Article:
About Microns: A "micron" is a unit of linear measure that is 1/1,000,000th of a meter, or 1/1000th of a millimeter. That particle of 60 grit is 250 microns across or about 250/1000th or 1/4 millimeter across. They are very small, but individual grains are large enough that a person with normal vision can easily see them.

Some silicon carbide is sold as a “graded grit.” That means all of the particles are very close to the same size. For example, an abrasive sold as “80 grit” would have almost all of the particles about 177 microns in size. Graded grit must be carefully crushed and screened to be sure that all of the particles are approximately the same size.

In contrast, “ungraded grit” has a wide range of particle sizes. For example, an abrasive sold as “60/90 grit” would have a range of particle sizes smaller than 60 grit (250 microns) but larger than 90 grit (166 microns). Ungraded grits do not require the same level of processing needed for graded grits. That allows ungraded grits it to be sold for a lower price than graded grits.

For rock tumbling, the less expensive ungraded grit works fine and that is what most people use for the coarse and medium grit steps.

What Grit Size is Polish?

Polish has a very small particle size. Instead of talking about its "grit size" size, many people simply state its particle size in microns. Most rock tumbling polishes have a particle size of between about one and four microns. The TXP aluminum oxide polish that is popular for rotary and vibratory rock tumbling has a particle size centered on 3 microns.

Some people want a much smaller particle size for vibratory polishing. Those people might use #61 Rapid Polish. It has a particle size of about 0.3 microns and has the ability to produce a brighter polish on many materials in a vibratory tumbler.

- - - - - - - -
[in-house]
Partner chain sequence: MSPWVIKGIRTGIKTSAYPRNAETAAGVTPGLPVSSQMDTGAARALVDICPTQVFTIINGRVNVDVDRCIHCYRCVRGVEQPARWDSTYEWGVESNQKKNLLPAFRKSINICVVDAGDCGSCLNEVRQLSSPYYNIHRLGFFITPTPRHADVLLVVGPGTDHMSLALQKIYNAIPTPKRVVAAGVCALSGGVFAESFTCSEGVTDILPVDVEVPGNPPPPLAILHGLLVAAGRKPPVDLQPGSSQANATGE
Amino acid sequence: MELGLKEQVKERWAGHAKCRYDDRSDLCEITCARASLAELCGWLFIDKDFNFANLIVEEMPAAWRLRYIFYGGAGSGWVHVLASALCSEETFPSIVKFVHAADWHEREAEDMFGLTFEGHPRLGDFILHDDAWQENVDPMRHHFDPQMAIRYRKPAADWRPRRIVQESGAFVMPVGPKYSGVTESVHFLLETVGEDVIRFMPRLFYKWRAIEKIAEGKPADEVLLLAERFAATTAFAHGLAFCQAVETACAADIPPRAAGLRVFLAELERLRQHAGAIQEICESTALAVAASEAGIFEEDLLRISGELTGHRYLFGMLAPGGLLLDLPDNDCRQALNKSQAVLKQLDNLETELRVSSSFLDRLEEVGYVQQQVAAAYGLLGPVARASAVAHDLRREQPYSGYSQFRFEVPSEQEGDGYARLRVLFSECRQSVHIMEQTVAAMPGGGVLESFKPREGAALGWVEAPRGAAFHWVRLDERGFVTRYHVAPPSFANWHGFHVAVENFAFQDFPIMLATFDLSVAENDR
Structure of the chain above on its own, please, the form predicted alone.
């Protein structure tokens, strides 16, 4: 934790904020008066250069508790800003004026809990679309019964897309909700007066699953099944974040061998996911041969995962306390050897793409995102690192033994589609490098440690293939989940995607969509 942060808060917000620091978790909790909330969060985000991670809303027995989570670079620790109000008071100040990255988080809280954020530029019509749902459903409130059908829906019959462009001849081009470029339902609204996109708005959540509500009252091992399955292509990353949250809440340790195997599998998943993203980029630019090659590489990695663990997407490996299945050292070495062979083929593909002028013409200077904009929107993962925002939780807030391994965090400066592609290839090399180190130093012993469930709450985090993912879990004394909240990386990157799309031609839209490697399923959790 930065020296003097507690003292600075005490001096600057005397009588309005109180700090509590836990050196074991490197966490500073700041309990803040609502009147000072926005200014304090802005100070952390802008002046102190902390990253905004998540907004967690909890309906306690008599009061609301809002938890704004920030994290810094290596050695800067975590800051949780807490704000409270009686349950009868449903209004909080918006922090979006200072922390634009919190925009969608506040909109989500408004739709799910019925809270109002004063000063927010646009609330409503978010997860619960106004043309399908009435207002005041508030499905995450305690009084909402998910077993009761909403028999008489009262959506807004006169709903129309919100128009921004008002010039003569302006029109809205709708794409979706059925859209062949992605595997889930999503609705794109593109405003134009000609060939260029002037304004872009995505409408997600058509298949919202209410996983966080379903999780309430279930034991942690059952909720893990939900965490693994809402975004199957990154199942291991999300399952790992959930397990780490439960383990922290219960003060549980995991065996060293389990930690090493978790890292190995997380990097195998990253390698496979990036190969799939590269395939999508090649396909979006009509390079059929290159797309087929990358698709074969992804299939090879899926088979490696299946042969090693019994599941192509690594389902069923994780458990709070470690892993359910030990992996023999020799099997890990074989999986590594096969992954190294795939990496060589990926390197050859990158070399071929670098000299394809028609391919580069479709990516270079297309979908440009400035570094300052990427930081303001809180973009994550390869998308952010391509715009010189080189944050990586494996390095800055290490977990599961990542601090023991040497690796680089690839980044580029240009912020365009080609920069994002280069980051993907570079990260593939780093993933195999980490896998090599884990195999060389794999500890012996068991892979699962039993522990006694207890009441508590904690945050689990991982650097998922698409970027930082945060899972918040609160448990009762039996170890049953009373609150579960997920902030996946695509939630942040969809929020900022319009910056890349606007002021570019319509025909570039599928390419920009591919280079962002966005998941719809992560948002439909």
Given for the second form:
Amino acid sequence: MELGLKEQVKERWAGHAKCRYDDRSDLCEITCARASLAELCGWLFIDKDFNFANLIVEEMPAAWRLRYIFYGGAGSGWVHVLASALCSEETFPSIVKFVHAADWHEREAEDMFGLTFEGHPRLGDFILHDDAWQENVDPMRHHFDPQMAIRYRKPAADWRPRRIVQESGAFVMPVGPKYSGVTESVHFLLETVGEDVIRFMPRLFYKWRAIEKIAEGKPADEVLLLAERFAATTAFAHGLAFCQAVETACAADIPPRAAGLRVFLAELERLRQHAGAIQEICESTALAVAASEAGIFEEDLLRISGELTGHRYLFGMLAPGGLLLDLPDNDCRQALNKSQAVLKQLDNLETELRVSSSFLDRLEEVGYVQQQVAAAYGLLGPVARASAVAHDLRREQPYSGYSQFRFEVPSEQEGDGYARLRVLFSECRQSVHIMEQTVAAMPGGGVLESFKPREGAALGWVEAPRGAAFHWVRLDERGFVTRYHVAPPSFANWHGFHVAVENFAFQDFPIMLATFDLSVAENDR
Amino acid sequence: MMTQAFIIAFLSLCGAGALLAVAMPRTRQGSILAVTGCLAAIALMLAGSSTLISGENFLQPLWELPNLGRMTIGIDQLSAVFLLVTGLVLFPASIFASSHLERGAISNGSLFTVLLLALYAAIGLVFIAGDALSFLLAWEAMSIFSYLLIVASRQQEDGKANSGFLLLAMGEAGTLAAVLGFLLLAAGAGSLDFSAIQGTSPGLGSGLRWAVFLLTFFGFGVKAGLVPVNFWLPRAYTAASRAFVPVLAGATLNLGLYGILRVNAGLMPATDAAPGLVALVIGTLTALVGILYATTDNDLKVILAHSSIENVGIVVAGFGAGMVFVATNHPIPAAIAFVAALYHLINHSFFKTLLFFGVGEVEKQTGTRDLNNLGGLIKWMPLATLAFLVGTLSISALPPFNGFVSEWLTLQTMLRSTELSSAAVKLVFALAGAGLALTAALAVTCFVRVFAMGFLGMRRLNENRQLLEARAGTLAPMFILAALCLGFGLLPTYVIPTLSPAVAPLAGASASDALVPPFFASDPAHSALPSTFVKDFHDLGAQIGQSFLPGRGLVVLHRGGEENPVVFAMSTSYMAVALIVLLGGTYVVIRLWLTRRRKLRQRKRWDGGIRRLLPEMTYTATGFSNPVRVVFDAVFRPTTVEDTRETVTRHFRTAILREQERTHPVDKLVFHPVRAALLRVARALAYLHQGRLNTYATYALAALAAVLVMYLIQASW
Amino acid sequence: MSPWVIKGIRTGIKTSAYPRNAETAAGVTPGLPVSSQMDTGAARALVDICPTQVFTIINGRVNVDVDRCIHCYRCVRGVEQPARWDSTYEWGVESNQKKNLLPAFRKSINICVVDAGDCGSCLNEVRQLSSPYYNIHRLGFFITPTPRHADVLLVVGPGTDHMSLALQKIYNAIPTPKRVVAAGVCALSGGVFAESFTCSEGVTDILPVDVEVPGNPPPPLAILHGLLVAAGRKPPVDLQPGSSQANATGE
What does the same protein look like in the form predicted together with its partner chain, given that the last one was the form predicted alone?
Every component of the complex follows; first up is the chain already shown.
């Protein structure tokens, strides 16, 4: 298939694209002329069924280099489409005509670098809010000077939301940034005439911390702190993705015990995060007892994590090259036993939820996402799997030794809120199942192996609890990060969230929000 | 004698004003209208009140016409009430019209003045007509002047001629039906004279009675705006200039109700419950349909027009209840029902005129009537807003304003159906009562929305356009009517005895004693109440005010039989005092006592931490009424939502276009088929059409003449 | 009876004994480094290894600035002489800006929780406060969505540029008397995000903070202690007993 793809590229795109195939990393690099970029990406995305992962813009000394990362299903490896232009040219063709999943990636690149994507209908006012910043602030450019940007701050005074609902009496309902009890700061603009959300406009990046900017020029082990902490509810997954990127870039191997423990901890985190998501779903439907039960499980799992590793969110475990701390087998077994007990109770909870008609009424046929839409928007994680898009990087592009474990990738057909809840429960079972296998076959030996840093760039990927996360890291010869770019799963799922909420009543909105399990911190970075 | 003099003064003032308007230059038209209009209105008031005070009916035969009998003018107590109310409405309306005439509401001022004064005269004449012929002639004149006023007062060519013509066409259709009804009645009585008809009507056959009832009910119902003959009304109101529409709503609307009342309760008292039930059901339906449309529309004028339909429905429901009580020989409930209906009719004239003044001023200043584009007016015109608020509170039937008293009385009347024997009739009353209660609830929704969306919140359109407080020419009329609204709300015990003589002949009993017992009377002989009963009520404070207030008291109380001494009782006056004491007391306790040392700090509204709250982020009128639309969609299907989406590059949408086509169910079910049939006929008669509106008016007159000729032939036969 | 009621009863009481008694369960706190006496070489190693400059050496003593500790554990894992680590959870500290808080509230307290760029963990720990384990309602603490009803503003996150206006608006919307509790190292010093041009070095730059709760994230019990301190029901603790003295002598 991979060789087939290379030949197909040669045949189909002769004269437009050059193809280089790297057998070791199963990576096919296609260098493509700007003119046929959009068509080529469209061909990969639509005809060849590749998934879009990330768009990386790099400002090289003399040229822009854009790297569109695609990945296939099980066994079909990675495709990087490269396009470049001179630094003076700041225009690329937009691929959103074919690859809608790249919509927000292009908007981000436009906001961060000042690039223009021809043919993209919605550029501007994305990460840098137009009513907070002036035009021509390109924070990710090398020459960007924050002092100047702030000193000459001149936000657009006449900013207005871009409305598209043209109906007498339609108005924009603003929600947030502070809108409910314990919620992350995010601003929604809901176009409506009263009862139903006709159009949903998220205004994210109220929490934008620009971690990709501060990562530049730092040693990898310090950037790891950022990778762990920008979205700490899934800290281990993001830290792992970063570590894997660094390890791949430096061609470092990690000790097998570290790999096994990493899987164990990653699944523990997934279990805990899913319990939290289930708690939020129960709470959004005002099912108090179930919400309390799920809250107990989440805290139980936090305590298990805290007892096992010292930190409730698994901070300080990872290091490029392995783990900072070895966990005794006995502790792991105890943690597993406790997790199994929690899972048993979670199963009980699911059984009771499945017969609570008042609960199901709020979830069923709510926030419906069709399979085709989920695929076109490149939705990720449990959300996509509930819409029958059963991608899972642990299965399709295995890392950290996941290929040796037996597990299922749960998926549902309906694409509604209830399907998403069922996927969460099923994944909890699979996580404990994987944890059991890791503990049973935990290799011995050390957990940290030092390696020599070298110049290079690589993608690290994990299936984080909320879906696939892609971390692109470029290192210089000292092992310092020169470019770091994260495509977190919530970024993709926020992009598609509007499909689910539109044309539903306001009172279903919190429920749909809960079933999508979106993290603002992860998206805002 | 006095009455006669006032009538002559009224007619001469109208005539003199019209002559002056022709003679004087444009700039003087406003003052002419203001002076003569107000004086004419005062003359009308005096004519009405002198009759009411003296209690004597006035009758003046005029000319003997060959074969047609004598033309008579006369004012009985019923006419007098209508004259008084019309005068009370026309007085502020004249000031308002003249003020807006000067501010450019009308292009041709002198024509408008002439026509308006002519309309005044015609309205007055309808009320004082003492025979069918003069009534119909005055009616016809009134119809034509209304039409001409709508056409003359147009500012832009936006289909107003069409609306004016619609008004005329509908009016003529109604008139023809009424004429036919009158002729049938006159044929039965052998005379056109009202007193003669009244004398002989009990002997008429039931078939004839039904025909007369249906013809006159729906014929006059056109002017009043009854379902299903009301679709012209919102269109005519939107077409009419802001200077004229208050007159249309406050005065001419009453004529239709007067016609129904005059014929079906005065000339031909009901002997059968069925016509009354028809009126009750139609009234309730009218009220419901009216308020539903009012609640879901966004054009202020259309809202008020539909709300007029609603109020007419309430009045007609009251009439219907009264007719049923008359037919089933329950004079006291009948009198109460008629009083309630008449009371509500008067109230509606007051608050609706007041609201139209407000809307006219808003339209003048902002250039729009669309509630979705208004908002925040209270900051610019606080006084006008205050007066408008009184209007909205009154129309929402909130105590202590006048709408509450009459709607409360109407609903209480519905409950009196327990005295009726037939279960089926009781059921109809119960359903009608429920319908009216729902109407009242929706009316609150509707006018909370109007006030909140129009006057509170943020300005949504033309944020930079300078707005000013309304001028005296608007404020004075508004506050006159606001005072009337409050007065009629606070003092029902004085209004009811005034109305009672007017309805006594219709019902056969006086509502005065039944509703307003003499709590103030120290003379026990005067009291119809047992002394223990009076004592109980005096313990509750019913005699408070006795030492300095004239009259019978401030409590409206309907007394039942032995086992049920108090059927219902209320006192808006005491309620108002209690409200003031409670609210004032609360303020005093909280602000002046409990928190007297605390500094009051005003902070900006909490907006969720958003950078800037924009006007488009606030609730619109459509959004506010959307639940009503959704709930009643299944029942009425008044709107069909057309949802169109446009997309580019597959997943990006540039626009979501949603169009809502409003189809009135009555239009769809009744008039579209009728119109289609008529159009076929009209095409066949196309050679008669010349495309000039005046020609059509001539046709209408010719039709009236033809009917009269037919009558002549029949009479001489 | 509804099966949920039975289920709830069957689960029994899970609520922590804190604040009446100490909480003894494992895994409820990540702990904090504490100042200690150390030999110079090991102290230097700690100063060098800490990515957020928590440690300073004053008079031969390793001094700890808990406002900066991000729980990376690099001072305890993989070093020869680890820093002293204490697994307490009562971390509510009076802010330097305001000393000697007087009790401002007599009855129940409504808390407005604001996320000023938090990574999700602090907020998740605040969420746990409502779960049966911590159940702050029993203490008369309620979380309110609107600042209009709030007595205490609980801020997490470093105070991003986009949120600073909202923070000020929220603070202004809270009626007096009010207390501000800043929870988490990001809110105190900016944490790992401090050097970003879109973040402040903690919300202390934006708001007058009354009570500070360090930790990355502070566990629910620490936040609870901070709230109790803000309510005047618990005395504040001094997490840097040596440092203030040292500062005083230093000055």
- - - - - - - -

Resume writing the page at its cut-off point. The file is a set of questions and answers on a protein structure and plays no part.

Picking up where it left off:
Close up of rock tumbling grit

Ungraded grit: This image is a close-up photo of 60/90 ungraded silicon carbide grit. The scale at the bottom of the photo has one millimeter increments. You can clearly see that there are a range of particle sizes as expected in an ungraded grit.

Rock Tumbler Grit Sequence

Most of the tumbling done in a rotary tumbler follows a four-step grit and polish sequence. The grits used are typically begin with coarse (60/90 grit), followed by medium (150/220 grit), followed by fine (500 grit), and finished with a rock polish such as TXP aluminum oxide.

Most of the tumbling done in vibratory tumblers follows a three-step process that includes medium (150/220 grit), fine (500 grit), and a rock polish such as #61 Rapid Polish. Coarse grit is not used because it is too large to cling to the rocks during vibratory tumbling.

The largest particle size is used first and the smallest particle size is used last. Coarse grit does the rough shaping of the rock, the medium grit removes the scratches made by the coarse grit and produces a smoother surface, the fine grit further smooths the rock and prepares it for polishing. Polishes have an appropriate particle size to bring the rock surface to a bright luster.

These grit sizes, or similar sizes, are used by most people who do rock tumbling and many of those people experiment to find grits or methods or polishes that produce superior results with specific materials.

Using Silicon Carbide Grit

In most rotary tumblers, about two ounces (two tablespoons) of silicon carbide grit is used for each pound of rock being processed. That is the typical charge if you are going to tumble for about seven days. That much grit distributes through the barrel and does a great job at grinding the rough rocks and producing "rock mud".

The grit particles will break and wear down as they spend day-after-day in the tumbler. At the end of a week any grit that you find in the barrel will be smaller in size than when you started. If you run it long enough the grit will break into very tiny particles and be difficult to find in the barrel. That is evidence that you got your money’s worth and the reason why trying to recycle grit is a waste of time. It has been spent!

Happy Tumbling!